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What is Message Queueing?

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  • Written By: Bridget Wright
  • Edited By: Lucy Oppenheimer
  • Last Modified Date: 10 September 2016
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    Conjecture Corporation
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When messages are stored in a queue, they are parked at intermittent points, called nodes, until they are ready to be forwarded to the recipient. The most commonly used form of message queueing is in electronic mail, more commonly known as email. Queueing is also often used in processing data in networks.

In an email system that queues messages on its servers, the recipient does not have to retrieve the message immediately since the process of message queueing simply organizes or sorts the message according to the order in which they are received. Within each node that parks the message on its system or its server, the application for the email has a connection point or an end point that is used for the data transmission. Any previous messages or data in the system is held until there is more room on the server or until earlier messages are released from the server. After this process, current messages move on from the server and arrive at the end users mailbox or file and the process of message queuing begins again.

Message queueing does not allow for messages of any length or size, but it does limit the size of a single data file. Generally, message queueing systems function internally within an operating system. The application is available for that system only and often multiple servers are necessary if large data files are involved or if there are security risks for the users.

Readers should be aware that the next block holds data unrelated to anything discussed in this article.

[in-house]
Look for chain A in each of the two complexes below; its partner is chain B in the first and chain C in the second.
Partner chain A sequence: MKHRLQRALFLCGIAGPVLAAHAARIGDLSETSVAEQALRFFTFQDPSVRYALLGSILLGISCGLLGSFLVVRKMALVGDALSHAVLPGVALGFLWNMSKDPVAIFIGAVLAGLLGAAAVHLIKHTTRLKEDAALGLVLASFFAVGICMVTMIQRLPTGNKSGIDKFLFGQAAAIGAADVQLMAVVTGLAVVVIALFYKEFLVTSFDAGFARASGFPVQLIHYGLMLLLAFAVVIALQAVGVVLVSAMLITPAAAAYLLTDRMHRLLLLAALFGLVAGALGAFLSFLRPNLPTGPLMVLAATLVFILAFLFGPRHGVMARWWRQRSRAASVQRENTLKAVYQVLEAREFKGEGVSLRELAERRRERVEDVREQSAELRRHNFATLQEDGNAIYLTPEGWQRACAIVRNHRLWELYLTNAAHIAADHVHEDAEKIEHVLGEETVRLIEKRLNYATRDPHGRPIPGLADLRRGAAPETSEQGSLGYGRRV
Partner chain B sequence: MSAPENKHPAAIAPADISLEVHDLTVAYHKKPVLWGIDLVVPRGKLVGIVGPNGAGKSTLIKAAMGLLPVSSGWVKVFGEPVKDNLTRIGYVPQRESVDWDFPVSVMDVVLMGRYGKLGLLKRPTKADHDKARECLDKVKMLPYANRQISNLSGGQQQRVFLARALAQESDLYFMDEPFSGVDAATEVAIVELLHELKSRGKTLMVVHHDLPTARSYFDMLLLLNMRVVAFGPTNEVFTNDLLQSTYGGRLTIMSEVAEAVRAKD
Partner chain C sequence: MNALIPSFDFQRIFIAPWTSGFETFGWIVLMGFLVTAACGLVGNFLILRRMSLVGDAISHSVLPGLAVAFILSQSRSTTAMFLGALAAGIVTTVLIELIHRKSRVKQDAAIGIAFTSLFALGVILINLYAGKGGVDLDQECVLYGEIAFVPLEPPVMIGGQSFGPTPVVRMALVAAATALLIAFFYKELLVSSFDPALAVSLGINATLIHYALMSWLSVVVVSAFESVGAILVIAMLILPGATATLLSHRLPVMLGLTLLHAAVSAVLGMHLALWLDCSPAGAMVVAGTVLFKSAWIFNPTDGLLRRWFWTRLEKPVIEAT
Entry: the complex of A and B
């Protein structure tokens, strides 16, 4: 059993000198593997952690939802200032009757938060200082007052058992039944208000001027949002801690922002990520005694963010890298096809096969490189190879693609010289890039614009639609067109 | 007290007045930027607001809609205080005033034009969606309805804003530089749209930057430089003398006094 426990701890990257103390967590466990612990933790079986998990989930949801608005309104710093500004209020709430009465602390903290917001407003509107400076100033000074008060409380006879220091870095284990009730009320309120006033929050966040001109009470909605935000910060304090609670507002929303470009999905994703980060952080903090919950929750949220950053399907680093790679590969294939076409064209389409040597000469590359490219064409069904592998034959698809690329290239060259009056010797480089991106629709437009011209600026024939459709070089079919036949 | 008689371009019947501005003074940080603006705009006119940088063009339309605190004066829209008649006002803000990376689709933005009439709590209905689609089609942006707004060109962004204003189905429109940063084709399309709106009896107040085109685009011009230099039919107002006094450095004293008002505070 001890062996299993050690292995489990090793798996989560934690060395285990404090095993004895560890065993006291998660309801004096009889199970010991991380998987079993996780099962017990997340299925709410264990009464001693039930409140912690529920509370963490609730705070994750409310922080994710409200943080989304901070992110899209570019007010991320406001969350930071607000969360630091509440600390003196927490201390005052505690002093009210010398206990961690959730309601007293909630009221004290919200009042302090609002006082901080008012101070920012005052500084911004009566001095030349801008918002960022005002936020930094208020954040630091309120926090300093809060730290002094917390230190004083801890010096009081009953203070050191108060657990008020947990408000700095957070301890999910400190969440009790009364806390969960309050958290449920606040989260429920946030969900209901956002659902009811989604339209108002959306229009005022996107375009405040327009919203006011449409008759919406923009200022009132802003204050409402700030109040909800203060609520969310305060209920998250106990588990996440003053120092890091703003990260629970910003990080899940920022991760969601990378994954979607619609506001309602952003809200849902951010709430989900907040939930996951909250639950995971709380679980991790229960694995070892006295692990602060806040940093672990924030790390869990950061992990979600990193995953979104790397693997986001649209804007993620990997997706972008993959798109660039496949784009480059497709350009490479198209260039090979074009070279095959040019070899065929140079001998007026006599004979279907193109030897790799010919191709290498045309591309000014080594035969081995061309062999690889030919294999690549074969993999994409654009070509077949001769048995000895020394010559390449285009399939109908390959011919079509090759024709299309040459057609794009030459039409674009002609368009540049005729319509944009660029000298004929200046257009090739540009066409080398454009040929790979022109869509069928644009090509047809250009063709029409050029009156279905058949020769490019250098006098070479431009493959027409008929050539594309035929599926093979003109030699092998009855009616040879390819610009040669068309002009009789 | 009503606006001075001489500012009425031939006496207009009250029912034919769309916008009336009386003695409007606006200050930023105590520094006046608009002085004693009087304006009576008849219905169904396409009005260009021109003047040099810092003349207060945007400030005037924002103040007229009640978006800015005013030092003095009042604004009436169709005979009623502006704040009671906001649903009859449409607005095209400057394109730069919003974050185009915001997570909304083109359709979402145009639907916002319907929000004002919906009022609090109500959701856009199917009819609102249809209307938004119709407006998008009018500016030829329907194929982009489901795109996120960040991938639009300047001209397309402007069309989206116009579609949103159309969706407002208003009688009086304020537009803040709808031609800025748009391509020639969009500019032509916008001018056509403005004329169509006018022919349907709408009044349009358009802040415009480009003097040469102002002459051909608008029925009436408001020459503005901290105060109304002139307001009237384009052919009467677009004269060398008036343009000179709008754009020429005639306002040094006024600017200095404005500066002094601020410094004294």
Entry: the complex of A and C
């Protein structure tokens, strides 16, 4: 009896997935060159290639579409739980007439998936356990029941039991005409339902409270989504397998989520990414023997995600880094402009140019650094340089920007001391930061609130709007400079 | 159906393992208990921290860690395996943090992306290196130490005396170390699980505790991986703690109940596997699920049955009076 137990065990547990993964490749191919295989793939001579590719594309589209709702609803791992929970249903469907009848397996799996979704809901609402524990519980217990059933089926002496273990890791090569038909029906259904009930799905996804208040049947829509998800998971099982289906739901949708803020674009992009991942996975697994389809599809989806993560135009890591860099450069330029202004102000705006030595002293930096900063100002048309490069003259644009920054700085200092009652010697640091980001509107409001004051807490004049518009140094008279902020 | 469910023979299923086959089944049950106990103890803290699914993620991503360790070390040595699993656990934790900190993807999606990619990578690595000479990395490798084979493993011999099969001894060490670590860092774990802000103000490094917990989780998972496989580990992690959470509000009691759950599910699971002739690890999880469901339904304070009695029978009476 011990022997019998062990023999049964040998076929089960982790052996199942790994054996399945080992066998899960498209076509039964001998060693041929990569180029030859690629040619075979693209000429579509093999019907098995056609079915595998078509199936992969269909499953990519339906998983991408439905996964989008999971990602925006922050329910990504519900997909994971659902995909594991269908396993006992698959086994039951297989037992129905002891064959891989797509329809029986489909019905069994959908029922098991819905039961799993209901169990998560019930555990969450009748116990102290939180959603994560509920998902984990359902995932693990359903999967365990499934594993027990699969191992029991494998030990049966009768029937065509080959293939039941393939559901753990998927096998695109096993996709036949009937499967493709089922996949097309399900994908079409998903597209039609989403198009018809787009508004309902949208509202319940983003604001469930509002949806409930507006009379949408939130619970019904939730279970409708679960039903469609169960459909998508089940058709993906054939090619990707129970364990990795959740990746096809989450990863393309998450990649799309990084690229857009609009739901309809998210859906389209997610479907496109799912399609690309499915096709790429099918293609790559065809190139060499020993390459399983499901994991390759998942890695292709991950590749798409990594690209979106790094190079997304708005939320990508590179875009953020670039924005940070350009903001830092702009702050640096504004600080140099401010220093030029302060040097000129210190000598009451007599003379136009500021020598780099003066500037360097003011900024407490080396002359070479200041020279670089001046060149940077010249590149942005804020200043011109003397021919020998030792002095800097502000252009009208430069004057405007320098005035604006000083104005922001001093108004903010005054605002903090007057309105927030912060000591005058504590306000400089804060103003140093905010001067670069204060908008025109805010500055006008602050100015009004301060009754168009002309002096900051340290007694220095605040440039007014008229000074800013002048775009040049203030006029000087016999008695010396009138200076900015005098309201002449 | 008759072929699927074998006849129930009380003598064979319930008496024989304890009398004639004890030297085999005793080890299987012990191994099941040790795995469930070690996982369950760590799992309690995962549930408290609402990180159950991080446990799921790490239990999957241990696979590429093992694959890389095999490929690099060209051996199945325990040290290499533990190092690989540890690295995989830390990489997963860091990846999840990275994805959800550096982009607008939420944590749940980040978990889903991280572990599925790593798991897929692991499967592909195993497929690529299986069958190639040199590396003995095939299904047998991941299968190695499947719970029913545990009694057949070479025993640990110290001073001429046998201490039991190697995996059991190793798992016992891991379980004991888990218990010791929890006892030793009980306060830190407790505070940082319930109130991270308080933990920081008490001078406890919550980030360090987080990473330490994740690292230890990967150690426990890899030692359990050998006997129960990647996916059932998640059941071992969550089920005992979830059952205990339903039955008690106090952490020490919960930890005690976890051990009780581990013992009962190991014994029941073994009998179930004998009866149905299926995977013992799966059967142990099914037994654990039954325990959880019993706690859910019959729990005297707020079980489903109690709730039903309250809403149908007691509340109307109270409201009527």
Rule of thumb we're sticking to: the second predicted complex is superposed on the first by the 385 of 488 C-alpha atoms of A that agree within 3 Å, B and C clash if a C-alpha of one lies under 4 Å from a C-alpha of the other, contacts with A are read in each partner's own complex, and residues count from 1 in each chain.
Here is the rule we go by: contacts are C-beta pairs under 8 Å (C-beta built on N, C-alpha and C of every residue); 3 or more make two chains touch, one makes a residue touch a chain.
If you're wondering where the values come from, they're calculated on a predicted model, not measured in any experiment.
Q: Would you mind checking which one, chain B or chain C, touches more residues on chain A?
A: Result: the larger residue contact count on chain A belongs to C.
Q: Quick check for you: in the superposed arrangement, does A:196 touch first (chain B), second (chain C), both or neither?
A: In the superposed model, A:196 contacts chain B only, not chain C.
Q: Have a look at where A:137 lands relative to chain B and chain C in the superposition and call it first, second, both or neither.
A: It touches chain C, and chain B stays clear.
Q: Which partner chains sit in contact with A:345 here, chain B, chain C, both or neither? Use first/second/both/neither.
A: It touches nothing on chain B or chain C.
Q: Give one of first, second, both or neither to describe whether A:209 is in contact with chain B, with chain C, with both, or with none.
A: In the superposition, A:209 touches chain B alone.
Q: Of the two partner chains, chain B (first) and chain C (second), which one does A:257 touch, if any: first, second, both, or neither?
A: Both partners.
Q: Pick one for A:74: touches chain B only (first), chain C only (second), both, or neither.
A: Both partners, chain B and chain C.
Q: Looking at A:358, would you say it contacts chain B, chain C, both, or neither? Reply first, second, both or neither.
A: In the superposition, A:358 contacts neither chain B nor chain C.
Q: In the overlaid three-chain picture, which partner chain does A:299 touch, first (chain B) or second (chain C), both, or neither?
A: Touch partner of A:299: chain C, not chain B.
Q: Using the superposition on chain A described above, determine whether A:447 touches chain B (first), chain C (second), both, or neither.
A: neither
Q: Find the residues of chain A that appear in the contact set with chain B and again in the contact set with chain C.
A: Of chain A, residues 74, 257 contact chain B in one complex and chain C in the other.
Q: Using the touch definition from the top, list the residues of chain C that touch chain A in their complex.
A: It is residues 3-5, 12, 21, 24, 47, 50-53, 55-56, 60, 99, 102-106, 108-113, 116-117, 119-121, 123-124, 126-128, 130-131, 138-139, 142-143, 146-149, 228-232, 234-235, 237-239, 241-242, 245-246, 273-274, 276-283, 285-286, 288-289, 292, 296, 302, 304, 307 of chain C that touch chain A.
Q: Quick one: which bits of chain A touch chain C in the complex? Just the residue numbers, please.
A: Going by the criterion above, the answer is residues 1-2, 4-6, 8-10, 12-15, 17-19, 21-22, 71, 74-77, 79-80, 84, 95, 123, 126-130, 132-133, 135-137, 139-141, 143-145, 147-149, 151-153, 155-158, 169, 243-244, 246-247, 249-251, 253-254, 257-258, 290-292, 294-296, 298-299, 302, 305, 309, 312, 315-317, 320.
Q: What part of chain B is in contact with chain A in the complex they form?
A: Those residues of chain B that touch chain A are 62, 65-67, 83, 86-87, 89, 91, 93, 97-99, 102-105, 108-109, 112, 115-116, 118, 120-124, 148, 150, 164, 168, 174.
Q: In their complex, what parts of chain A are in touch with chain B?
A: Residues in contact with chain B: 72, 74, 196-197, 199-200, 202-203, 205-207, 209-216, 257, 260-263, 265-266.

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Message queueing has multiple benefits, especially for networks which manage multiple users or have different hierarchies of importance or security within the network. In queuing messages, systems are able to communicate between programs which allow users to receive and send messages while other programs are compiling data. Queuing also allows users to select the order that a program processes any necessary information. This means that a user can queue a high-importance message for transmission before a file that is already on the server. This is especially useful in networks with multiple user levels and varying user security levels.

Another helpful benefit of message queueing is the user’s ability to make their own program more accessible on an alternative system if the primary system is unavailable. This would apply to any system where an application may slow down a server’s response time, therefore making it necessary and preferred to move the file to an available, alternative server. This process not only makes more data file space available but also has the potential to increase work productivity and efficiency.

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